history: none; note - the EU legal order relies primarily on two consolidated texts encompassing all provisions as amended from a series of past treaties: the Treaty on European Union (TEU), as modified by the Lisbon Treaty states in Article 1 that "the HIGH CONTRACTING PARTIES establish among themselves a EUROPEAN UNION ... on which the Member States confer competences to attain objectives they have in common"; Article 1 of the TEU states further that the EU is "founded on the present Treaty and on the Treaty on the Functioning of the European Union (hereinafter referred to as 'the Treaties')," both possessing the same legal value; Article 6 of the TEU provides that a separately adopted Charter of Fundamental Rights of the European Union "shall have the same legal value as the Treaties"
    amendments: European Union treaties can be amended in several ways: 1) Ordinary Revision Procedure (for key amendments to the treaties); initiated by an EU country’s government, by the EU Parliament, or by the EU Commission; following adoption of the proposal by the European Council, a convention is formed of national government representatives to review the proposal and subsequently a conference of government representatives also reviews the proposal; passage requires ratification by all EU countries; 2) Simplified Revision Procedure (for amendment of EU internal policies and actions); passage of a proposal requires unanimous European Council vote following European Council consultation with the EU Commission, the European Council, and the European Parliament, and requires ratification by all EU countries; 3) Passerelle Clause (allows the alteration of a legislative procedure without a formal amendment of the treaties); 4) Flexibility Clause (permits the EU to decide in subject areas not covered by the EU treaties); note - the Treaty of Lisbon (signed in December 2007 and effective in December 2009) amended the two treaties that formed the EU - the Maastricht Treaty (1993) and the Treaty of Rome (1958), known in updated form as the Treaty on the Functioning of the European Union (2007) (2016)
    unique supranational law system in which, according to an interpretive declaration of member-state governments appended to the Treaty of Lisbon, "the Treaties and the law adopted by the Union on the basis of the Treaties have primacy over the law of Member States" under conditions laid down in the case law of the Court of Justice; key principles of EU law include fundamental rights as guaranteed by the Charter of Fundamental Rights and as resulting from constitutional traditions common to the EU's states; EU law is divided into 'primary' and 'secondary' legislation; primary legislation is derived from the consolidated versions of the Treaty on European Union and the Treaty on the Functioning of the European Union) and are the basis for all EU action; secondary legislation - which includes directives, regulations, and decisions - is derived from the principles and objectives set out in the treaties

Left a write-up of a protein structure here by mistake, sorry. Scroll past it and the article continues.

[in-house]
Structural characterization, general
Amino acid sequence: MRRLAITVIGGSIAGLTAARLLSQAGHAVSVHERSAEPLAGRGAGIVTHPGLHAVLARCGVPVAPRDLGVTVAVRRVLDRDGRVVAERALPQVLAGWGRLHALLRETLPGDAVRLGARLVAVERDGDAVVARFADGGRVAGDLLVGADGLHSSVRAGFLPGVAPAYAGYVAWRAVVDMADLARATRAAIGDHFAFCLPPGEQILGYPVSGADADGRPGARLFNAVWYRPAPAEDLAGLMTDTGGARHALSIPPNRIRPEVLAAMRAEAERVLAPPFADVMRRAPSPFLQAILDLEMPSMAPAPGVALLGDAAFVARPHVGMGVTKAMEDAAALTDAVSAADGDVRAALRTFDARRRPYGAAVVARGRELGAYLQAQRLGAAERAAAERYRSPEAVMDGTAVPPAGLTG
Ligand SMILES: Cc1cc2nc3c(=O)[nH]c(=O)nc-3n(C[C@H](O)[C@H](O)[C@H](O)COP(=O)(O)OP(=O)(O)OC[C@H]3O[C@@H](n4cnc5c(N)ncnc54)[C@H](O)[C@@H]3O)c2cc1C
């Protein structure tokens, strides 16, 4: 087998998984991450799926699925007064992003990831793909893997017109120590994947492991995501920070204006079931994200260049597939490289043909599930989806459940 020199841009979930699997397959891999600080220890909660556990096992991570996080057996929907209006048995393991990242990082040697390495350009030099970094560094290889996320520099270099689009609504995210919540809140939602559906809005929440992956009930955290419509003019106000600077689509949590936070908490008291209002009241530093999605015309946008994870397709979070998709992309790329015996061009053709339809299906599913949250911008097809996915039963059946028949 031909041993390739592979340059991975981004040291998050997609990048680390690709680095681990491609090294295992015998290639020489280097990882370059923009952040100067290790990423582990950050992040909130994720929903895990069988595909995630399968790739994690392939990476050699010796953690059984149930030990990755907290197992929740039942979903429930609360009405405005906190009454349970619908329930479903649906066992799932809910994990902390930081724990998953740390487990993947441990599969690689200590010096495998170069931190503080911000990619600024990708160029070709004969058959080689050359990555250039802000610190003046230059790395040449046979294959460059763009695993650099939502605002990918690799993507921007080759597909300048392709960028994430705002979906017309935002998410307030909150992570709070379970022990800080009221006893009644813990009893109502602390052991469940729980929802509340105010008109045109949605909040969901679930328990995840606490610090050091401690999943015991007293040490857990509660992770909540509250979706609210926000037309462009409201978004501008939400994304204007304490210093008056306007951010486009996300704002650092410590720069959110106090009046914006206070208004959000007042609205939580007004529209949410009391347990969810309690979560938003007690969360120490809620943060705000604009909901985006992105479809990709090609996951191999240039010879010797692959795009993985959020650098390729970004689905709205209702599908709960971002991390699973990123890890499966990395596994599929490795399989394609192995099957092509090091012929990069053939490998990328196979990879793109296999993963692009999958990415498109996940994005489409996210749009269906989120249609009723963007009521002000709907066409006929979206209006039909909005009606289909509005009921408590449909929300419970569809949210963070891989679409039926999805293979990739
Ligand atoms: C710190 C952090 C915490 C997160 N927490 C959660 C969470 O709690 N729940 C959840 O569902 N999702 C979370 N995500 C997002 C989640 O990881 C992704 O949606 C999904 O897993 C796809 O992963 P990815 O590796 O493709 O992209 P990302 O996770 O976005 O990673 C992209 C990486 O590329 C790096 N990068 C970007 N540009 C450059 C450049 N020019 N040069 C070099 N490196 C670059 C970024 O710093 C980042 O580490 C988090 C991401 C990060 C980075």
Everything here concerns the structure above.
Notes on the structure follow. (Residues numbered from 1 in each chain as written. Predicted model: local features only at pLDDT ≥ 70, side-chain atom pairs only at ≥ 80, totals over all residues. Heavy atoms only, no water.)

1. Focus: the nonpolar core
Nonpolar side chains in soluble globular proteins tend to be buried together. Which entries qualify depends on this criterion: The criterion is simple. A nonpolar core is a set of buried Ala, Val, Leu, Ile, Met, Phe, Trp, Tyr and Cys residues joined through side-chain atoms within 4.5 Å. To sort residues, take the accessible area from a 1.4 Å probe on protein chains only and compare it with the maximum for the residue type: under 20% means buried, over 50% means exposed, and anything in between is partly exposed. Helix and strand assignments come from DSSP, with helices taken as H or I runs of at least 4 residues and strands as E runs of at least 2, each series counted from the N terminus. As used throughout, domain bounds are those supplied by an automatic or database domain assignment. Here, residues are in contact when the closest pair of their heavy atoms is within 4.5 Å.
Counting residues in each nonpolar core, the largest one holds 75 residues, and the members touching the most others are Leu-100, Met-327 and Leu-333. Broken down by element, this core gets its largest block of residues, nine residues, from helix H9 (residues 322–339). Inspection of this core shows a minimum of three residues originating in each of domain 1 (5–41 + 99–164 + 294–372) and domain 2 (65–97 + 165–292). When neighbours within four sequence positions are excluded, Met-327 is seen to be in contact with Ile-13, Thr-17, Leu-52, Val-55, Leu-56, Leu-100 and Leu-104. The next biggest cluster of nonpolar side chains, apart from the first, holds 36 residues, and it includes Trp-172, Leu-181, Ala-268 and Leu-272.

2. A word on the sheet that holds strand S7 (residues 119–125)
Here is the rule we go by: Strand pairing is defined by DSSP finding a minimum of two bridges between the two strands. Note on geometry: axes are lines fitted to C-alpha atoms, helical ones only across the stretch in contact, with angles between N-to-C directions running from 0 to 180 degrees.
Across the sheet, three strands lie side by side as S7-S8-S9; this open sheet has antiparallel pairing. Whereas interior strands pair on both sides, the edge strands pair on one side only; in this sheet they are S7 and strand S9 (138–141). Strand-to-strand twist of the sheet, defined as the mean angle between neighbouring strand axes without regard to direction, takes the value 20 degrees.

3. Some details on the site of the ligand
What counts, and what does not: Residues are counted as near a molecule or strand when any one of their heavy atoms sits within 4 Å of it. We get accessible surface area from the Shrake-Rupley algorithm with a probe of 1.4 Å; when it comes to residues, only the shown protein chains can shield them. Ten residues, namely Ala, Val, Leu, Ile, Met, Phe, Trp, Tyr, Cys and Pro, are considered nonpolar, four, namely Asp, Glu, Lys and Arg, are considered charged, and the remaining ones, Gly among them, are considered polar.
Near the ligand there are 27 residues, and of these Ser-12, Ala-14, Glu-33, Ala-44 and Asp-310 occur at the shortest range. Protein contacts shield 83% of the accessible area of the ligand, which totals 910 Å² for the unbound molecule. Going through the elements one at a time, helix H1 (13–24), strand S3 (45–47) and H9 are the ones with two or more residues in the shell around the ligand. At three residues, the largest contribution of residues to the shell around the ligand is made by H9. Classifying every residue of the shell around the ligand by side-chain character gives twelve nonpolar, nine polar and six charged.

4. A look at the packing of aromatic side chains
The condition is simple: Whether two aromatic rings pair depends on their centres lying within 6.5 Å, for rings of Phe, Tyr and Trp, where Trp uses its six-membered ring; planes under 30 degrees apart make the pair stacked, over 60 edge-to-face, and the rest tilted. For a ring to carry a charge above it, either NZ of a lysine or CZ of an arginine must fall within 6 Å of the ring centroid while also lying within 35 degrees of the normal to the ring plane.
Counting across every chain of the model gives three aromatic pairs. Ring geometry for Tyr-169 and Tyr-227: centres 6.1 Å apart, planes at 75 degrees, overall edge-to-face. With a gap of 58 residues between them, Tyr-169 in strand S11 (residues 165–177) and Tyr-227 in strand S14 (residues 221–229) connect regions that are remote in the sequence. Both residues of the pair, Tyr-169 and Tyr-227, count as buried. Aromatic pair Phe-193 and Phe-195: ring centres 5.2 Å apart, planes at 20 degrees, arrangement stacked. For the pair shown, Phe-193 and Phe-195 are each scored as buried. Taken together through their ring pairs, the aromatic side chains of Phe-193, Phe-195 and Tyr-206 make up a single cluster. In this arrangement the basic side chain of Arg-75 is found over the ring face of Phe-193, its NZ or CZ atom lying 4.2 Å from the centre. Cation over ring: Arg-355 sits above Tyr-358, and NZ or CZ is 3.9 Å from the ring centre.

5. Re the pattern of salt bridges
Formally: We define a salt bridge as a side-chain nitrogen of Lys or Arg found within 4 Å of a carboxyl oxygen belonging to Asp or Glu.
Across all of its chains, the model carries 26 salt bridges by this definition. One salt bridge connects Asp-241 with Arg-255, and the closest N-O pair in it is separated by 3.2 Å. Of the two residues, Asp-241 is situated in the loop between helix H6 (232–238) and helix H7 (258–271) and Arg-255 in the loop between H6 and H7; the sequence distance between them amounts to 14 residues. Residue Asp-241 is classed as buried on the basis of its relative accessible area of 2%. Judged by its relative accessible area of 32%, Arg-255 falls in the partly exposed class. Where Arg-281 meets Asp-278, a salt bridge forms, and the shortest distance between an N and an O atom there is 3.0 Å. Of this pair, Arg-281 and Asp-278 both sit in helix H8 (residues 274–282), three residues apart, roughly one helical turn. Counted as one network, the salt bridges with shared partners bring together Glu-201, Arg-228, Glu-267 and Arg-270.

18 years of age (16 years in Austria); universal; voting for the European Parliament is permitted in each member state
    under the EU treaties there are three distinct institutions, each of which conducts functions that may be regarded as executive in nature:
    the European Council: brings together heads of state and government, along with the president of the European Commission, and meets at least four times a year; its aim is to provide the impetus for the development of the Union and to issue general policy guidelines; the Treaty of Lisbon established the position of "permanent" (full-time) president of the European Council; leaders of the EU member states appoint the president for a 2 1/2 year term, renewable once; the president's responsibilities include chairing the EU summits and providing policy and organizational continuity; the current president is Donald TUSK (Poland), since 1 December 2014, succeeding Herman VAN ROMPUY (Belgian; 2009-14)
    the Council of the European Union: consists of ministers of each EU member state and meets regularly in 10 different configurations depending on the subject matter; it conducts policymaking and coordinating functions as well as legislative functions; ministers of EU member states chair meetings of the Council of the EU based on a 6-month rotating presidency except for the meetings of EU Foreign Ministers in the Foreign Affairs Council that are chaired by the High Representative for Foreign Affairs and Security Policy